Thursday, 26 January 2017

Child Dispute Leads to Parent's Death

When a man was angry due to his daughter being injured by a neighbour while out playing, he responded by killing the father of the other child.

On Saturday 6th October 1855 in a court off Oriel Street a man named John O'Neill went to seek out neighbour Thomas Cahill. He then accused Cahill's son of injuring his daughter the previous day. After some words were exchanged, O'Neill stabbed Cahill in the chest and being taken into custody charged with assault.

Oriel Street in 2016
On the Monday morning O'Neill, described by the Liverpool Mercury as a 'reckless looking fellow' was remanded in custody for a week. The court had heard that the injured man's life was in jeopardy and that depositions had been taken. It was reported that both men were Irish and worked as labourers.

A surgeon from the North Dispensary attended to Cahill for five days but he remained in an insensible state and died on the 11th October. The inquest the next day returned a verdict of wilful murder. On hearing that the deceased had left a pregnant widow and five children, the jury held a collection and raised £3 and 15 shillings, equivalent to two to three weeks wages .

On 12th December O'Neill, stood trial before Justice Wightman. In opening the case, prosecutor Mr Simon told the jury that to find twenty-five year old O'Neill guilty of murder they would have to be satisfied that he had 'malice aforethought. 

Thomas's widow Hannah recalled how O'Neill had told her on the Friday night that he wanted blood for blood and stated he would be back when her husband was home. She went on to say that on the Saturday evening Thomas came home sober at 8pm, had supper and went to bed. Hearing O'Neill making a great noise in his own house and fearing for her safety and wary of his threats, Hannah then fastened her own door with a poker.

Hannah described how O'Neill came out and hammered at her door threatening to break it down and demanding that either of the Cahills come out, referring to Thomas and his brother who lodged with them. She then recalled how Thomas went down to reason with O'Neill, only to be punched twice. Thomas pleaded that they did not argue over the children, only to be struck again before being stabbed.  

Under cross examination, Hannah denied having laughed on the Friday night when shown the injuries on O'Neill's daughter. She also insisted that she did not say 'You may get what satisfaction you please.' Hannah's daughter Mary bravely gave evidence, saying that on the Friday O'Neill had chased her five year old brother with a knife and that she had also seen him with a knife on the night of the killing.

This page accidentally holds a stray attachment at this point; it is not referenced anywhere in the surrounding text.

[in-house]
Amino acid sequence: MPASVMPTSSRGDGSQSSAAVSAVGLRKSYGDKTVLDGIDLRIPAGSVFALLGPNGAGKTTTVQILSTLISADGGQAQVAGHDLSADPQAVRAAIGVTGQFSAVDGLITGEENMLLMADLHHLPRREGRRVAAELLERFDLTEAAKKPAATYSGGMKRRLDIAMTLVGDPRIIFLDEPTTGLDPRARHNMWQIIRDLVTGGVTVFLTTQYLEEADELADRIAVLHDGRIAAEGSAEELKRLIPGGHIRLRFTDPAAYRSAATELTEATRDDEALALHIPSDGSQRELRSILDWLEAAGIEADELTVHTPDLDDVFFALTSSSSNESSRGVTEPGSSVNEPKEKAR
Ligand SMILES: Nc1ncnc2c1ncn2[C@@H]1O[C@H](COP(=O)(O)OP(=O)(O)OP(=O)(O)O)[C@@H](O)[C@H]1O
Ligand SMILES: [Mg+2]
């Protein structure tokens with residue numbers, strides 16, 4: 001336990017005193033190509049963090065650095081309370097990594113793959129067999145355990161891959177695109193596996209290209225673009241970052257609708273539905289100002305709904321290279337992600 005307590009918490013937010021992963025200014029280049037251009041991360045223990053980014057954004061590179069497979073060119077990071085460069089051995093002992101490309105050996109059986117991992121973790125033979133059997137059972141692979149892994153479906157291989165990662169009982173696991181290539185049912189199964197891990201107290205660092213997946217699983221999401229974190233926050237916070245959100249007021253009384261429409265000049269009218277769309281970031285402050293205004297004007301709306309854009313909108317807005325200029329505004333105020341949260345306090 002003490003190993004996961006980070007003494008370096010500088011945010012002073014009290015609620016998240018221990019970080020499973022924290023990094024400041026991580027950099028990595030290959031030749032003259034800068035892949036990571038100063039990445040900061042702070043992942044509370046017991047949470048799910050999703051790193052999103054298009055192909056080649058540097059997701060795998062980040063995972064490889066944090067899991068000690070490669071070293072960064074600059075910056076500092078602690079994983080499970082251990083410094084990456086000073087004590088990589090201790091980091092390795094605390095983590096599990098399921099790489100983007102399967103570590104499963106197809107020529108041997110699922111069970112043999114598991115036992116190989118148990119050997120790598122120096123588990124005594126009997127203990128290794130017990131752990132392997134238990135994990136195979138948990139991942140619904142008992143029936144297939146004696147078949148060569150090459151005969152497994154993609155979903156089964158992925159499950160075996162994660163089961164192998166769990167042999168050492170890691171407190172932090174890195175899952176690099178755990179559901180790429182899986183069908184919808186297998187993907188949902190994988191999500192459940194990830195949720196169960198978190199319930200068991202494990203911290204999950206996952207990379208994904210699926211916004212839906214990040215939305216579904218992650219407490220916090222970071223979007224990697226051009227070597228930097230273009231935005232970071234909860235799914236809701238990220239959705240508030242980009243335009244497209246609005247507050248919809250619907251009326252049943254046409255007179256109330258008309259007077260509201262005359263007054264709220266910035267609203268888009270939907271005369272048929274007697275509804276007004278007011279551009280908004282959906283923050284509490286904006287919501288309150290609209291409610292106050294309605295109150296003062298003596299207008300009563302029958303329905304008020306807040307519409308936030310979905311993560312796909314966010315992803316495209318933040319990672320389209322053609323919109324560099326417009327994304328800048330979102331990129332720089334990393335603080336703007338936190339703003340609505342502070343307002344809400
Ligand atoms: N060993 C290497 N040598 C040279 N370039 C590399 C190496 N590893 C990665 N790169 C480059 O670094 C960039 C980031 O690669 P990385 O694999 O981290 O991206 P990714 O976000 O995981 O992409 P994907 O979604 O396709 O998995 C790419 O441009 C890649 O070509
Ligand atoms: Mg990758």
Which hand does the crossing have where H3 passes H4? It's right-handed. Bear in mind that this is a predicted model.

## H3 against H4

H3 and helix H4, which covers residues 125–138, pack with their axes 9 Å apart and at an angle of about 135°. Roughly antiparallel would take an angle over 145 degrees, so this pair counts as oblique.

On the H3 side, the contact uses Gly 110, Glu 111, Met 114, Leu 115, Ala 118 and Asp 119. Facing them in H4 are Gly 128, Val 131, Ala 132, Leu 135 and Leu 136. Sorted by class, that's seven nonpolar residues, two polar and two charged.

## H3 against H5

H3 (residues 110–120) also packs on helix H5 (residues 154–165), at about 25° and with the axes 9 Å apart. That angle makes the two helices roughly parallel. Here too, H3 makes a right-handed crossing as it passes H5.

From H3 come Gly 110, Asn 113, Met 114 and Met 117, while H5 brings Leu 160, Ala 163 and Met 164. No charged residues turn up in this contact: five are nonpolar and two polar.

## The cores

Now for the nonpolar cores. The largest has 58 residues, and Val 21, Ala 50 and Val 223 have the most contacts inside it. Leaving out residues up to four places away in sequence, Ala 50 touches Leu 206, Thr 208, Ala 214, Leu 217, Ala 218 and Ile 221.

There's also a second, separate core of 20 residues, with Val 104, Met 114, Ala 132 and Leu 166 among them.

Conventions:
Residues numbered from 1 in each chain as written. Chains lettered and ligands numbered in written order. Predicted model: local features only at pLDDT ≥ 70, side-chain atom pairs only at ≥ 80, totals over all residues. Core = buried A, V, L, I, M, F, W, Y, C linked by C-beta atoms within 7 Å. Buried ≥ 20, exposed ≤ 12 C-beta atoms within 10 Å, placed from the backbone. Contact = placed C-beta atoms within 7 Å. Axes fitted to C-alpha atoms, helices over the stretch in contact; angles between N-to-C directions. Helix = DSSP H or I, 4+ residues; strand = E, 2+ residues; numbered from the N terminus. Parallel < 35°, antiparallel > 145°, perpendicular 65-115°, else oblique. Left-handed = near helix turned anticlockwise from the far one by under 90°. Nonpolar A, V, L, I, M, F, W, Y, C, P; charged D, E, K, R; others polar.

Thomas's deposition was then read out. It stated that he had not wanted a quarrel and opened the door to try and pacify O'Neill. He had not struck O'Neill and fell after being stabbed in the breast. The doctor who carried out the postmortem confirmed that wound had pierced the heart and the blow was so violent it had cut an artery and a rib. The police officer who apprehended O'Neill stated that he was drunk and resisted violently while being taken into custody.

The defence had no evidence to offer, but could only mitigate in the hope of having the jury return a verdict of manslaughter rather than murder. O'Neill's counsel Mr McDonald pointed to his drunkenness, the fact such violent threats were commonplace amongst people of his class, and that there had been mental aggravation.

In summing up Justice Wightman thanked Mr McDonald for his defence, but was not favourable towards the prisoner. He acknowledged that there had been some provocation on the Friday  but he could not see any from the Saturday, when O'Neill created a disturbance in his own house then knocked at the door of the Cahill's.

After the jury found O'Neill guilty of the lesser charge, the judge told him they had taken a favourable view of his case. Describing the killing as one of the worst cases that he could recollect, the judge said O'Neill was of ungovernable temper and must be transported for the term of his natural life. As he was led from the dock, there were shrieks of horror from the public gallery.

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